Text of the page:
“What the secretary has to do and the president [has to do] is build [a] coalition,” Reed said, referring to Secretary of State John Kerry.
And like other members of Obama’s party, Reed is not yet comfortable with the administration’s stated objective.
“We have to make it clear what our objective is,” Reed said, “which is I think principally that these weapons will not be used and that the Syrians have to put them sort of in a situation where they won’t be used.”
That Reed can only “think” that is the goal underscores Democrats’ desire to sign onto Obama’s action only if its objectives are narrow and achievable.
Senate Armed Services Committee member Richard Blumenthal, D-Conn., this week said he believes the administration needs to refine its overall objective for a Syria strike, which he said is at best murky.
For its part, the White House said it merely wants to punish Assad for allegedly using chemical weapons in a lethal Aug. 21 attack. White House Press Secretary Jay Carney said Tuesday the administration’s war plan is not aimed at ousting or killing Assad.
Obama reiterated on Wednesday his opposition to any US ground force inside Syria. To that end, his Democratic colleagues on Capitol Hill are urging the commander in chief to resist calls from some — such as Sen. John McCain, R-Ariz. — for a regime-change operation.
“We should avoid — and I want to just really stress this point — any troops on the ground, whatever our fears about al-Qaida, we should avoid any involvement on the ground,” Blumenthal said this week.
Many Democrats want only, as Blumenthal describes them, “surgical strikes” aimed at addressing Assad’s alleged “violations of international law that have occurred here and the abhorrent use of chemical weapons.” Any US strikes “should be very limited in scope and avoid no commitment to more involvement,” the Connecticut lawmaker said.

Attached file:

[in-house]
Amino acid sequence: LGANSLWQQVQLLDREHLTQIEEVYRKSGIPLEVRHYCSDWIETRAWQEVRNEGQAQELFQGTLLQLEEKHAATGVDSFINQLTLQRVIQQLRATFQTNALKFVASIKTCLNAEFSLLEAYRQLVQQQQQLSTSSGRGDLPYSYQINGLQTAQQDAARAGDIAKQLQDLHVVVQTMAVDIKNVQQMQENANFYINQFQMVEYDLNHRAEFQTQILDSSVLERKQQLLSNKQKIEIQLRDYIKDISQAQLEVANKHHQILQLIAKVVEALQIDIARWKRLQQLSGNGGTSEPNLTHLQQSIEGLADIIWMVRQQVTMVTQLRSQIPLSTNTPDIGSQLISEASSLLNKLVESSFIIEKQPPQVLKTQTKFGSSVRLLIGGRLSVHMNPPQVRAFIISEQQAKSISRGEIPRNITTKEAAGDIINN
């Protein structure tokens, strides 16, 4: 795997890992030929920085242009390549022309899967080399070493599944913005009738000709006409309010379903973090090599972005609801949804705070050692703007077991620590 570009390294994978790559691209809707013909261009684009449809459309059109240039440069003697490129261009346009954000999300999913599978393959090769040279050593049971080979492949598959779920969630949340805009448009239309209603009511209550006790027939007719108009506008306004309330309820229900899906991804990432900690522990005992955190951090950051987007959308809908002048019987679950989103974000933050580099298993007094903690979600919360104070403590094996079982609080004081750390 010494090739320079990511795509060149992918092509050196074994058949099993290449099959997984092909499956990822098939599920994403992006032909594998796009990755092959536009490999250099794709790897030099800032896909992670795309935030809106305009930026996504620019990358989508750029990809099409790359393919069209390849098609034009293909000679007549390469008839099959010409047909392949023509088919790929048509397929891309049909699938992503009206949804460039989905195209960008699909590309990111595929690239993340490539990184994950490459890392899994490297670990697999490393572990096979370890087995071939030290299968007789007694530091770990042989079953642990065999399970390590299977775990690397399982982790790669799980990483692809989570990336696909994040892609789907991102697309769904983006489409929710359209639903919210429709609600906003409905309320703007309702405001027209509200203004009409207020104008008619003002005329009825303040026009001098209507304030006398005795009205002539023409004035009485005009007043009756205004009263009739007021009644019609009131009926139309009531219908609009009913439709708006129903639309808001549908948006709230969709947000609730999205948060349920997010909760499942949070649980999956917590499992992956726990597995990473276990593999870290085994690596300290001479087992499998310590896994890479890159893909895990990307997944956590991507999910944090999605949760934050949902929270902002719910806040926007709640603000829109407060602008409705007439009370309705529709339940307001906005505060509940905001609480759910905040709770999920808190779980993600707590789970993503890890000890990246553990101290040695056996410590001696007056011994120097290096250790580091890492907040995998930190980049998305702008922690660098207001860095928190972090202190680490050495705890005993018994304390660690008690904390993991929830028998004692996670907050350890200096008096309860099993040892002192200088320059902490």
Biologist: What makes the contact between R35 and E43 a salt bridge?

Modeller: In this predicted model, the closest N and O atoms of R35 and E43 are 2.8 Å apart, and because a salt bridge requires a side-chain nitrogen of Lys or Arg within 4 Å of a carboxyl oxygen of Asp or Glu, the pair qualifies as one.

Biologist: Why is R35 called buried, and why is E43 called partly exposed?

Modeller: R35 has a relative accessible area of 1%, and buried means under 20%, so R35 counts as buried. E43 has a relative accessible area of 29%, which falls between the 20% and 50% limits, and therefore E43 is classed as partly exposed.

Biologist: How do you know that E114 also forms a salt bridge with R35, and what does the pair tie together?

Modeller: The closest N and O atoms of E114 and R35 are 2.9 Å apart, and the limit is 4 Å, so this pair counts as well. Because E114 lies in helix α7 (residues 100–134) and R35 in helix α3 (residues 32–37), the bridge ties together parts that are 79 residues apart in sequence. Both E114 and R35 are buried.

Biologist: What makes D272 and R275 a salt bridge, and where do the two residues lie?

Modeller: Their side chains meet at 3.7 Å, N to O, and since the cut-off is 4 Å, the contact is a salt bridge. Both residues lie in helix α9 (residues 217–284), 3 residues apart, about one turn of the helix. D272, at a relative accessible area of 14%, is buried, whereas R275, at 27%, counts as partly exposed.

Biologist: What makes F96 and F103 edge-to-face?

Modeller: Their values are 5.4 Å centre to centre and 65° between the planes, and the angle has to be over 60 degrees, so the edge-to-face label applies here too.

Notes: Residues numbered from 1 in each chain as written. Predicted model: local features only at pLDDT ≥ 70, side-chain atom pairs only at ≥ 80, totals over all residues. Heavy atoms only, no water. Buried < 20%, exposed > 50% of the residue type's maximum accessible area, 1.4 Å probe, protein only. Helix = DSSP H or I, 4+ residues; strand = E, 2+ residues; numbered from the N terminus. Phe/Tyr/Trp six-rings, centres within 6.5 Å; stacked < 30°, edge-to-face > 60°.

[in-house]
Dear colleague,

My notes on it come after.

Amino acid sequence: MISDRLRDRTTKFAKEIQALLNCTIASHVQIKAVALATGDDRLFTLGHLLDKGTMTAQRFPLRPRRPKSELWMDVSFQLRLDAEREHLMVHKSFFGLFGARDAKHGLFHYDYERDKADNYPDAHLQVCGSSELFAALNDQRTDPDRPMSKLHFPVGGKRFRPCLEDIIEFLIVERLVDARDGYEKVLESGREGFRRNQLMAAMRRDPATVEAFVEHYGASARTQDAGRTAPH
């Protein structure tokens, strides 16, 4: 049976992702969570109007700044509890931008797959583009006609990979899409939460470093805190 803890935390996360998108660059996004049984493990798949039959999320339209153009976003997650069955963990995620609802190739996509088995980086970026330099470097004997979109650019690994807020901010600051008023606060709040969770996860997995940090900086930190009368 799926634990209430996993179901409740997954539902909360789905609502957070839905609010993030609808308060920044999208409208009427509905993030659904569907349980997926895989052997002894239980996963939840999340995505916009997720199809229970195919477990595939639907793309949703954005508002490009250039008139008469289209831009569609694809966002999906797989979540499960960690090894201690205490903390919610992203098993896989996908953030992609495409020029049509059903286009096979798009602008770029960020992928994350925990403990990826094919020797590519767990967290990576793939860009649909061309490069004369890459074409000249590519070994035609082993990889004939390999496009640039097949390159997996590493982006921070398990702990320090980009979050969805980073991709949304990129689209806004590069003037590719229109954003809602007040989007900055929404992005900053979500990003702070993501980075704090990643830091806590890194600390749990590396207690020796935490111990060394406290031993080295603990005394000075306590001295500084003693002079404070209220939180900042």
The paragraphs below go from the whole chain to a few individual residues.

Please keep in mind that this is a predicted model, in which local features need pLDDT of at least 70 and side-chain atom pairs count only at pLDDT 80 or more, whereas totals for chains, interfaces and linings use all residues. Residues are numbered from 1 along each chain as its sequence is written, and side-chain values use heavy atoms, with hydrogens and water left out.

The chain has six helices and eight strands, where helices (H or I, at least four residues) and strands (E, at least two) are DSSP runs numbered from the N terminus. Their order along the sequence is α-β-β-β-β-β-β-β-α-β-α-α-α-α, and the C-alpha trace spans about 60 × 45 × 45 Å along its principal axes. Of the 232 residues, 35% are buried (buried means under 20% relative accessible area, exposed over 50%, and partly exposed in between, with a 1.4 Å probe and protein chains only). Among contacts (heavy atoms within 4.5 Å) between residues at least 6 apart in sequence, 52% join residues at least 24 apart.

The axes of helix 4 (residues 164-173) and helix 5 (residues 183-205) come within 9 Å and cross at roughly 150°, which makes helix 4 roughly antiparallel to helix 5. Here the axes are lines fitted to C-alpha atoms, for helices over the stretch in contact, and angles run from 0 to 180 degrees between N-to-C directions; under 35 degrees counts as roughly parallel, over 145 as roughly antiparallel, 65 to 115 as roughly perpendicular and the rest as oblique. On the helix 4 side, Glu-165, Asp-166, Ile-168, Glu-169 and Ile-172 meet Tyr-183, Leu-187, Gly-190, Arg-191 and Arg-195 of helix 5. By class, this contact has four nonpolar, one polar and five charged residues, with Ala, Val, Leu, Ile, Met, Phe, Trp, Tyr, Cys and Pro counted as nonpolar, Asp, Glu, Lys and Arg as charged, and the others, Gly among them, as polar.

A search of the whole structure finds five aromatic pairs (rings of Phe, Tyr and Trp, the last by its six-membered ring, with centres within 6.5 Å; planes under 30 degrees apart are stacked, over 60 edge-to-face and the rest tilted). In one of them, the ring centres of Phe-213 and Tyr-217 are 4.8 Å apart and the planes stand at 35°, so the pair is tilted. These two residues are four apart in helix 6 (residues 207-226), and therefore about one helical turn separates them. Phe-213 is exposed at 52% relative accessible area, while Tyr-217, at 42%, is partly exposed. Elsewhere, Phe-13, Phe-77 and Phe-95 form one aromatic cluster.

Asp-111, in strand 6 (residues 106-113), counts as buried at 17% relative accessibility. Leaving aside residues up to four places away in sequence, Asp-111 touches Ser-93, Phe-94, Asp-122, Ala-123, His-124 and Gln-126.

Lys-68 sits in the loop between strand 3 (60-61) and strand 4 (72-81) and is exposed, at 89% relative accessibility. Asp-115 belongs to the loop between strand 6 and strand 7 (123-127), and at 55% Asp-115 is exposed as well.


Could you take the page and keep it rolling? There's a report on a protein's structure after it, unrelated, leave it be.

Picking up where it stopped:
Echoing other Democrats, Blumenthal said the White House must consider how to “avoid the consequences in wider conflict that could result from a broader use of military force.”
Should Obama seek congressional approval before launching Tomahawks at Syrian military targets, as more than 100 Republicans and Democrats who have signed a letter are demanding, he will need all the Democratic votes he can get. That’s especially true in the House.
But such a vote could prove challenging for the White House legislative office and Democratic Leader Nancy Pelosi of California’s whip operation. That’s because in the lower chamber, Smith is not the only skeptical Armed Services Committee Democrat.
“My concern is that the American people may not have the appetite for a long-term effect. In other words, just shooting in some missiles isn’t really going to take care of the situation and might aggravate the situation,” HASC member Loretta Sanchez, D-Calif., said this week. “You have Syria tied to Iran. You’ve got the Hezbollah in neighboring Lebanon. The whole area is already a difficult area.
“For Americans to believe that just by shooting a few cruise missiles, we’ve made our statement and away we go,” she warned, “it’s just not the way that I believe this plays out.”
In the Senate, McCain and other interventionist GOP members give Obama the votes he needs — but only on paper. The key would be convincing skeptical Democrats that the mission’s justification and objectives are sound.